12:3 bless those . . . him . . . I will curse. The extent of God’s merciful and gracious intention is indicated in the Hebrew by a switch from the plural object of blessing to the singular object of cursing. Many are to receive God’s blessing through the Seed of Abraham (18:18; Gal. 3:8; Rev. 7:9, 10).
those who bless. Those who acknowledge Abraham and his offspring as God’s agent of blessing.
him who dishonors you I will curse. The Hebrew words here translated “dishonors” and “curse” differ: the second means “to disdain”; the first often has the sense of “to weaken” (3:14). God will be an effective adversary of those who curse Abraham and his seed.
in you. In Jesus Christ, the Seed of Abraham (Gal. 3:16), and in the spiritual Israel of all ages united with Him (Gal. 3:29; Phil. 3:3 note), rather than in unbelieving ethnic Israel (John 8:39; Rom. 9:6–8).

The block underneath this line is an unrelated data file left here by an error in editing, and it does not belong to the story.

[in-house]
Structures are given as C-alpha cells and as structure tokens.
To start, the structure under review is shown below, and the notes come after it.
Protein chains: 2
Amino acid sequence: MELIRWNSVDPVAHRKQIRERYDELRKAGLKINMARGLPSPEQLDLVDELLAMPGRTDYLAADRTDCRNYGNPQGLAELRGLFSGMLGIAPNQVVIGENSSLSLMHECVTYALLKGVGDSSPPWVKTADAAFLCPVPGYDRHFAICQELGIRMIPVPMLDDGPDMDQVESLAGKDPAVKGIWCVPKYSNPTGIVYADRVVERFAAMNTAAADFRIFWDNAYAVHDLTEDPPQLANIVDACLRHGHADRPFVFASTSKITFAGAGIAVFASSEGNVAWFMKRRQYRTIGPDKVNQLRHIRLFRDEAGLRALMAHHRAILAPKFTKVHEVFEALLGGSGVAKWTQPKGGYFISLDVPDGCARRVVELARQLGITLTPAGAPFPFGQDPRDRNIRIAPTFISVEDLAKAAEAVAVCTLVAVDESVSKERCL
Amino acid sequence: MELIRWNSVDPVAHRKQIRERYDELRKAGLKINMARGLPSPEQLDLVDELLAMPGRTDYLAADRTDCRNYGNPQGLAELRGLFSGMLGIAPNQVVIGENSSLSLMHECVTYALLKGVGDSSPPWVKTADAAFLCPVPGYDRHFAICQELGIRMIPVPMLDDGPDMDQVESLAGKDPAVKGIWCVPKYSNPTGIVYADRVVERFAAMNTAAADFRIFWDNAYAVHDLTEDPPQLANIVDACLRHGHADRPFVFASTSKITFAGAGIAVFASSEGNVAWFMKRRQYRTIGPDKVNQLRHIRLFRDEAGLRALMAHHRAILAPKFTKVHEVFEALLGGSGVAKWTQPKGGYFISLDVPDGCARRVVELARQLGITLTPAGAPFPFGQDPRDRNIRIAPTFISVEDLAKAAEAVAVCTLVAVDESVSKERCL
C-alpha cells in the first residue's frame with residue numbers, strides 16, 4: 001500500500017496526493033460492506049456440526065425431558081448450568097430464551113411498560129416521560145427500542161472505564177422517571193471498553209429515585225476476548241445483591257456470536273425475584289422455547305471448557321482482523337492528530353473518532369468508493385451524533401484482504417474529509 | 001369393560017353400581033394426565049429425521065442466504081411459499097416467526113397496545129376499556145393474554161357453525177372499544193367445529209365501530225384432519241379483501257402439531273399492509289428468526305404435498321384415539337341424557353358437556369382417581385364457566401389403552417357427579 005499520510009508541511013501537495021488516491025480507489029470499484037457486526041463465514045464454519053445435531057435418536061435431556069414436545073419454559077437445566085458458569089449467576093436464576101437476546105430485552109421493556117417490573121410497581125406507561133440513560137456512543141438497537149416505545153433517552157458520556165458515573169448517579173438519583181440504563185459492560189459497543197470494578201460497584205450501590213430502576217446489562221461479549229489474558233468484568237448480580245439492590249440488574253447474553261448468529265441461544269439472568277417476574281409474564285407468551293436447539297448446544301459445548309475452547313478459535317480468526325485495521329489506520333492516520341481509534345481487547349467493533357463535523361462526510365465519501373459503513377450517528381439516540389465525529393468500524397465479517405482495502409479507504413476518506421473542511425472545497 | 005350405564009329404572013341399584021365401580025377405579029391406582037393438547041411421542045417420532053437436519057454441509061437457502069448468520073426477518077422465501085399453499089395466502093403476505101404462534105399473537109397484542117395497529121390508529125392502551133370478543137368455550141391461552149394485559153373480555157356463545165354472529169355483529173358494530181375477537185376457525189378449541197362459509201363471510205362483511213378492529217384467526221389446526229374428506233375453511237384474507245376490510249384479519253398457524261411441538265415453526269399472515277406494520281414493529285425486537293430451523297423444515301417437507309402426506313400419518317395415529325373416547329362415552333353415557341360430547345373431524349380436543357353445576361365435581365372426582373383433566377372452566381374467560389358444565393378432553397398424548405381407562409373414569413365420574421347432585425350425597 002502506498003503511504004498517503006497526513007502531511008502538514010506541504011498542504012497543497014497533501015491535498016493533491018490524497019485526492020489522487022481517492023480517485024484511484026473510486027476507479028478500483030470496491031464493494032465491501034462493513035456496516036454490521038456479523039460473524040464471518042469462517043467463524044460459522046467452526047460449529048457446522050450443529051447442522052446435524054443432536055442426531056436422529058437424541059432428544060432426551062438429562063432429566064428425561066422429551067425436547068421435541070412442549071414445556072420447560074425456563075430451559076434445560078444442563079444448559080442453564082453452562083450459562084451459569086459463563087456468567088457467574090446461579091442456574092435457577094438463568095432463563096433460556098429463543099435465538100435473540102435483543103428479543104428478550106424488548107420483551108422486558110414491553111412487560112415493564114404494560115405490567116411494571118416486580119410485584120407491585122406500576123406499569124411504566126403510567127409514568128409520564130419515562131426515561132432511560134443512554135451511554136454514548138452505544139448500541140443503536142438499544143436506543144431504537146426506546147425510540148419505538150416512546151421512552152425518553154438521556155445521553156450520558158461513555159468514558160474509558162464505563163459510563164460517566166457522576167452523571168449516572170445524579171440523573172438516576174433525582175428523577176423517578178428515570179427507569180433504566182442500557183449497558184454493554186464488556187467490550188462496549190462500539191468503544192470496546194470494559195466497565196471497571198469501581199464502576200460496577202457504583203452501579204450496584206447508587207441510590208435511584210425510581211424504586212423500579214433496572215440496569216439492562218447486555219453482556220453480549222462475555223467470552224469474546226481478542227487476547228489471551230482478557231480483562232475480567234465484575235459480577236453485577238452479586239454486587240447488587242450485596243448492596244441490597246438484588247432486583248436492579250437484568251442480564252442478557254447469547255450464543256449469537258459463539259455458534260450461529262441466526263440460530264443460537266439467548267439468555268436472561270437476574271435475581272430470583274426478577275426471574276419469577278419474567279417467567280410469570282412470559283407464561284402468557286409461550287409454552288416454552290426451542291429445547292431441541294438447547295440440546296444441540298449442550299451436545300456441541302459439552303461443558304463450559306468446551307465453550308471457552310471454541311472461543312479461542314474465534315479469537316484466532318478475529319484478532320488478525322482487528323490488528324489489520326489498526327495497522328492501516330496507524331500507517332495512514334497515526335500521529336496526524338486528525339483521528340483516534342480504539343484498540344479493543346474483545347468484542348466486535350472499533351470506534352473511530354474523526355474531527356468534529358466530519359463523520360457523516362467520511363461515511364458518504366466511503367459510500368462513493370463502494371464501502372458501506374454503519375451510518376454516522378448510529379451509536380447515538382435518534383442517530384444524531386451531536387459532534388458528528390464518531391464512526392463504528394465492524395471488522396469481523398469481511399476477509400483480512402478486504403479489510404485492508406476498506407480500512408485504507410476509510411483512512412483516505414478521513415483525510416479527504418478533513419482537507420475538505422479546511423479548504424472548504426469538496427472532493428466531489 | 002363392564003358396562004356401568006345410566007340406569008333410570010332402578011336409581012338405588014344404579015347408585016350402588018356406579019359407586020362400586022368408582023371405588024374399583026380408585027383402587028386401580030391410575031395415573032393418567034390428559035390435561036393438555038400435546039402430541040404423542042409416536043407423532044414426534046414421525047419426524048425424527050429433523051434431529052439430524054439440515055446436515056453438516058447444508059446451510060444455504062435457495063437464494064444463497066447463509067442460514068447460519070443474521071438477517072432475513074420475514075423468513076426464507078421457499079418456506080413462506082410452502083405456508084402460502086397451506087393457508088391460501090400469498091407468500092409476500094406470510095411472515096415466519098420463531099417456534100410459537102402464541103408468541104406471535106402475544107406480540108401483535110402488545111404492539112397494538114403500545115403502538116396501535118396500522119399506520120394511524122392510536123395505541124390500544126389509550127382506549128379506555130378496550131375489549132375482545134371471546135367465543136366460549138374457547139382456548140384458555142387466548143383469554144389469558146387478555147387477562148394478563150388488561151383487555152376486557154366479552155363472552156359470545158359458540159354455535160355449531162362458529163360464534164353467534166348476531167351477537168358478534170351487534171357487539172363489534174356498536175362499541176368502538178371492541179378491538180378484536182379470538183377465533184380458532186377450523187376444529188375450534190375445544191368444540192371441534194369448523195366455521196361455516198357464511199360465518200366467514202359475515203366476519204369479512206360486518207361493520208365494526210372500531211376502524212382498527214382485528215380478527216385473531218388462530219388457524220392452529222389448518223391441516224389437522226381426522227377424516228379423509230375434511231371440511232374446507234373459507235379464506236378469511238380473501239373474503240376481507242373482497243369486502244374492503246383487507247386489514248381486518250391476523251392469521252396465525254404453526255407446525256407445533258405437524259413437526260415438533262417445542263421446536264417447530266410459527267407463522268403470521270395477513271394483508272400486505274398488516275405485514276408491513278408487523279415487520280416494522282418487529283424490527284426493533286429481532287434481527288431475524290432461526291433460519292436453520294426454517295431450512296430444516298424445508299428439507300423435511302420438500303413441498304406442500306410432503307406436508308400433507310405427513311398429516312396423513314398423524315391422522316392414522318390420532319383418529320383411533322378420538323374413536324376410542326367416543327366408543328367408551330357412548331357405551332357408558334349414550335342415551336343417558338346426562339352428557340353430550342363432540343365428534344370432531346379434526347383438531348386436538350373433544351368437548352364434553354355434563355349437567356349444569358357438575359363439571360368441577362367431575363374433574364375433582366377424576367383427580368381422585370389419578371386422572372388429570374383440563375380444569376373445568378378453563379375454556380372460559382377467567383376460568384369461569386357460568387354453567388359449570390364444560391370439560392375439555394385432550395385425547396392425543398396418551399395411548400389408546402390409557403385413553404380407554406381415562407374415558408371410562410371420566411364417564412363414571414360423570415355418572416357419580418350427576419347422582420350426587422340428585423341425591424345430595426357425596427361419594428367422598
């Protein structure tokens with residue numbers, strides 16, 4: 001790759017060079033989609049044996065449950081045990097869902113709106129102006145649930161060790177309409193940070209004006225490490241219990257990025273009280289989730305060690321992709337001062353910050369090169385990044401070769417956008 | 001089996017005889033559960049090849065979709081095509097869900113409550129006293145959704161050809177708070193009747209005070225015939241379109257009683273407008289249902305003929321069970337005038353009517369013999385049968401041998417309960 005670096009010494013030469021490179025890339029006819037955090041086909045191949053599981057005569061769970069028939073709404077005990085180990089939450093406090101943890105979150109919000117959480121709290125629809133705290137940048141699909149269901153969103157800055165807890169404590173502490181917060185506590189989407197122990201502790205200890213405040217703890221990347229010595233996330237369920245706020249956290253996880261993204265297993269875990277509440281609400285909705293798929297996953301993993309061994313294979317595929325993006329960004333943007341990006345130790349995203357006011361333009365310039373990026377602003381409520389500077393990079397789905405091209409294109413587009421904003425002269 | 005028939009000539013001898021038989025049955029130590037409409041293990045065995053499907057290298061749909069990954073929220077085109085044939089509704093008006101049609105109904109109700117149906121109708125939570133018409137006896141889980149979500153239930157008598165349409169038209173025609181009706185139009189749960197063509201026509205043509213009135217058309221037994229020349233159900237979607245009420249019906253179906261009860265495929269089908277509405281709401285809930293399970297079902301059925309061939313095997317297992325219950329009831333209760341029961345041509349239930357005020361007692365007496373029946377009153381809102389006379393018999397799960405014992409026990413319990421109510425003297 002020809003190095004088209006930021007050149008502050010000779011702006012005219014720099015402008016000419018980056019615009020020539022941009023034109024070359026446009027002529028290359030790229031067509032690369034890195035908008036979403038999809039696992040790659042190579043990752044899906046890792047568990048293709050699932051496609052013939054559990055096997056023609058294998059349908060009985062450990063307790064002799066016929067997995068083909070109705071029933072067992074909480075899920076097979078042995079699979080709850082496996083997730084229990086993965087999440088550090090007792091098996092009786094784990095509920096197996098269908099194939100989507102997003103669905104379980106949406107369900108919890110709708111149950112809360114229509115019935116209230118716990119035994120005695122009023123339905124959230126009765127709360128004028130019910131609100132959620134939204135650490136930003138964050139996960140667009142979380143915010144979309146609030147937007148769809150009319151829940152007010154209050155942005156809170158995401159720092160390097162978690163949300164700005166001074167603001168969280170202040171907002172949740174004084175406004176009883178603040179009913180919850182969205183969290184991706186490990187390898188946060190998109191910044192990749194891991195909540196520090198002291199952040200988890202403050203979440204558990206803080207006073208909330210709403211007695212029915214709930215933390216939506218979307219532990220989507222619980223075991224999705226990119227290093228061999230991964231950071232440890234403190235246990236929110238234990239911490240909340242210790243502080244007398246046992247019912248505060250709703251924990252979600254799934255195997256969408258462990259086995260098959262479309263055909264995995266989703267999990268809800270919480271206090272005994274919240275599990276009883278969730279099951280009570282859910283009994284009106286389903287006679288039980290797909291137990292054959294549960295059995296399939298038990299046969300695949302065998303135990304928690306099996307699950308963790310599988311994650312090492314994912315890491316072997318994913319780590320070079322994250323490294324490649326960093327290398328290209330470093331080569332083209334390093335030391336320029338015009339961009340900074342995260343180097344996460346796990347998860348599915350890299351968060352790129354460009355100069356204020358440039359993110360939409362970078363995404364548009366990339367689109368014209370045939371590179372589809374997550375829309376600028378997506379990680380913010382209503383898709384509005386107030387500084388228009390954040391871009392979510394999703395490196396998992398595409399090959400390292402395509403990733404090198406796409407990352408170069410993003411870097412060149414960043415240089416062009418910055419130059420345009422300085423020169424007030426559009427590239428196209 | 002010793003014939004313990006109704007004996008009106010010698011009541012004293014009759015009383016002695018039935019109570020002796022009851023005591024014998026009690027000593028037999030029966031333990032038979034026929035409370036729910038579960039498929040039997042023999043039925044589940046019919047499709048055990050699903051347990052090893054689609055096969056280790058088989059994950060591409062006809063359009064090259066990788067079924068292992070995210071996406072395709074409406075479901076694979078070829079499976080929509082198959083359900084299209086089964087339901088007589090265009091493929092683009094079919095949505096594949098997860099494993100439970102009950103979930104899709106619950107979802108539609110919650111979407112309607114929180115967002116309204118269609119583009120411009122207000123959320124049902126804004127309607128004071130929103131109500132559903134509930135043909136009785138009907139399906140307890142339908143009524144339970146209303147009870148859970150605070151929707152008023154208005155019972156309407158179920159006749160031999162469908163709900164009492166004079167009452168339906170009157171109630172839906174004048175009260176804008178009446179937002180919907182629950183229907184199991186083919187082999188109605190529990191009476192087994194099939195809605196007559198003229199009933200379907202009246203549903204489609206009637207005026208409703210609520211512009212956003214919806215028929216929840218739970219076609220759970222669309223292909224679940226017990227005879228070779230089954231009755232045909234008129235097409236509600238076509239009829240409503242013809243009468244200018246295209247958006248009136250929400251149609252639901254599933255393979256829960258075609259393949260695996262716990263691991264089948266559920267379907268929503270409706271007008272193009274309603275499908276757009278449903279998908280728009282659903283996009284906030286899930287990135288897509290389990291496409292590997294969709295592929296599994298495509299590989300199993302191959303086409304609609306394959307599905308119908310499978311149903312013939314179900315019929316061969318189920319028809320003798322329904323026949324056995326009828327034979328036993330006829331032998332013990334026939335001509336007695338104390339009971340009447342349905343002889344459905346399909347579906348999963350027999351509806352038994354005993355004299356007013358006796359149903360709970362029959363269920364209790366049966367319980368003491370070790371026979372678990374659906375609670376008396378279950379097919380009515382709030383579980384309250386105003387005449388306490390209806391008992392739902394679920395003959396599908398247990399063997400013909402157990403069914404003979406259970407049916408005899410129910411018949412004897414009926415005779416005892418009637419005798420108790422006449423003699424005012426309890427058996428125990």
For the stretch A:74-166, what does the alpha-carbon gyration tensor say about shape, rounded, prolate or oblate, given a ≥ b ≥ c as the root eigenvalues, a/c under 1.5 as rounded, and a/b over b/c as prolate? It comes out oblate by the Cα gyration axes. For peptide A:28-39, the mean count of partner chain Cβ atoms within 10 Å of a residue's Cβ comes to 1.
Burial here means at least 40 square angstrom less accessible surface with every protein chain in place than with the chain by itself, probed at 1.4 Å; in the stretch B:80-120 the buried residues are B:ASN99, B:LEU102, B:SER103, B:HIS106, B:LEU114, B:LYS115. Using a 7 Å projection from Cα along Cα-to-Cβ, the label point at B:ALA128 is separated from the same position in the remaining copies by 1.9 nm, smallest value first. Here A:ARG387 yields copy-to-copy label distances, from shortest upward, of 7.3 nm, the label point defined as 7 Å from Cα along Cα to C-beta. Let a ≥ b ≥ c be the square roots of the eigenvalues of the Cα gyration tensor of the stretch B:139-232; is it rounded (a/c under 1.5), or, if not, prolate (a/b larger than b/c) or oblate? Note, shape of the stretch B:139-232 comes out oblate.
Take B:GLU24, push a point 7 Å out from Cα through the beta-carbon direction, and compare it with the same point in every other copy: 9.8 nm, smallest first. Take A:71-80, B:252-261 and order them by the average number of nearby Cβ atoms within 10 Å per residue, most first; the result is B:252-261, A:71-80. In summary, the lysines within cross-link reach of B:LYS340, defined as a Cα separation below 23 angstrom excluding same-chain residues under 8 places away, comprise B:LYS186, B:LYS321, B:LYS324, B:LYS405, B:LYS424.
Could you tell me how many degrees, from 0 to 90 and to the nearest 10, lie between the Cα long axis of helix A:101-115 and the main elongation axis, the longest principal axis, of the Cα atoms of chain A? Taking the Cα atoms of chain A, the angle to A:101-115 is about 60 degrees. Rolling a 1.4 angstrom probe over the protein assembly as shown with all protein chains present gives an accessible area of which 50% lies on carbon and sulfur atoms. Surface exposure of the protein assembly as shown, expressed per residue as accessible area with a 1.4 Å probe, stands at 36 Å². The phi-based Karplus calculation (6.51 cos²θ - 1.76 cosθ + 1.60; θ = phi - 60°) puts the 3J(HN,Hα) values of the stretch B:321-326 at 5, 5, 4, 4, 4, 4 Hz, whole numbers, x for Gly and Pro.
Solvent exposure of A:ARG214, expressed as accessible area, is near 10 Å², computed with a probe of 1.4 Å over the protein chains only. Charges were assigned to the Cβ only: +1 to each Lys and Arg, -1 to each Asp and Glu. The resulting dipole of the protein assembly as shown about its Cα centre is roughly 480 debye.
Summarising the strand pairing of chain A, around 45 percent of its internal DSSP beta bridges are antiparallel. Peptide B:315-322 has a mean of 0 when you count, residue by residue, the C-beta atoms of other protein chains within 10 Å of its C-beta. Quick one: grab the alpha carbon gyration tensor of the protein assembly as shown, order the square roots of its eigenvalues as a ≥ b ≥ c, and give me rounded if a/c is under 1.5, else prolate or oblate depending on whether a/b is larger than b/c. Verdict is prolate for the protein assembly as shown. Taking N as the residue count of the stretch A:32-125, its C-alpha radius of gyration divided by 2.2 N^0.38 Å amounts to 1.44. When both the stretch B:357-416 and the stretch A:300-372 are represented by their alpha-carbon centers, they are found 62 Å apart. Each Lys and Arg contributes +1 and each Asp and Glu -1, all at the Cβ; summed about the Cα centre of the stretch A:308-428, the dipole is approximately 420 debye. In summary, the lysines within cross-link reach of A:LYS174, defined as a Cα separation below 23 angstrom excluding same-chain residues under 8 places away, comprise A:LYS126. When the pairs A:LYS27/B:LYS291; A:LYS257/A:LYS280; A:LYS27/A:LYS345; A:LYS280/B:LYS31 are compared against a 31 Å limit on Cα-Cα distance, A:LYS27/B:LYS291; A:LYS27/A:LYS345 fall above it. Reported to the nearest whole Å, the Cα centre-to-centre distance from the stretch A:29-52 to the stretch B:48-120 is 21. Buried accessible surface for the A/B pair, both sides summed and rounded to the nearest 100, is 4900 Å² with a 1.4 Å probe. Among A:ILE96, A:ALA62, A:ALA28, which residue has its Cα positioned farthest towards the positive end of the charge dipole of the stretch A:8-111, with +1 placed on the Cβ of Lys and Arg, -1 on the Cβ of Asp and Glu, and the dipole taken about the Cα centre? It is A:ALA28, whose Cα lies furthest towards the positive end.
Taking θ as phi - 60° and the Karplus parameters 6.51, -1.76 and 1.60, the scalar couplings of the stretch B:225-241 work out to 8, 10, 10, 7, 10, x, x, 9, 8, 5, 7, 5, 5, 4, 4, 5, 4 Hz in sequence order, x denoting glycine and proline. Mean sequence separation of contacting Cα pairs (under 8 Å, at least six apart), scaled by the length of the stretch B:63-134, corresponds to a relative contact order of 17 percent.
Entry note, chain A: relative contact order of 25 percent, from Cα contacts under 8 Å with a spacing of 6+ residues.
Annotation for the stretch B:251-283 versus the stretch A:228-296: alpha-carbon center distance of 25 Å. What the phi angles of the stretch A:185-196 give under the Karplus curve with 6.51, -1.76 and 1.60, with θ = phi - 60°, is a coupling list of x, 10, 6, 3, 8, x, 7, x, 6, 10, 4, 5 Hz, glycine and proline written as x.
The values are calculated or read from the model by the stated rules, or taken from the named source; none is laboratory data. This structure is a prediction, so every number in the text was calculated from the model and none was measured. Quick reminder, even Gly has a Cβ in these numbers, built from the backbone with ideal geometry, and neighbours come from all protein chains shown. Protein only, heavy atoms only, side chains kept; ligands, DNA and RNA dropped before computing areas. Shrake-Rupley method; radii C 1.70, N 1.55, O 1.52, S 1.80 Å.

shall be blessed. Some have argued that the Hebrew verb should be translated reflexively: “shall bless themselves” (i.e., will desire the blessing of Abraham). While grammatically possible, this proposed reading hardly does justice to the context of this divine promise, and the passive translation here (“be blessed”) presents no real linguistic difficulties. In addition, the Septuagint (Greek Old Testament) rendered it as passive. We are fully justified in viewing this promise as a reference to God’s plan for the salvation of the world.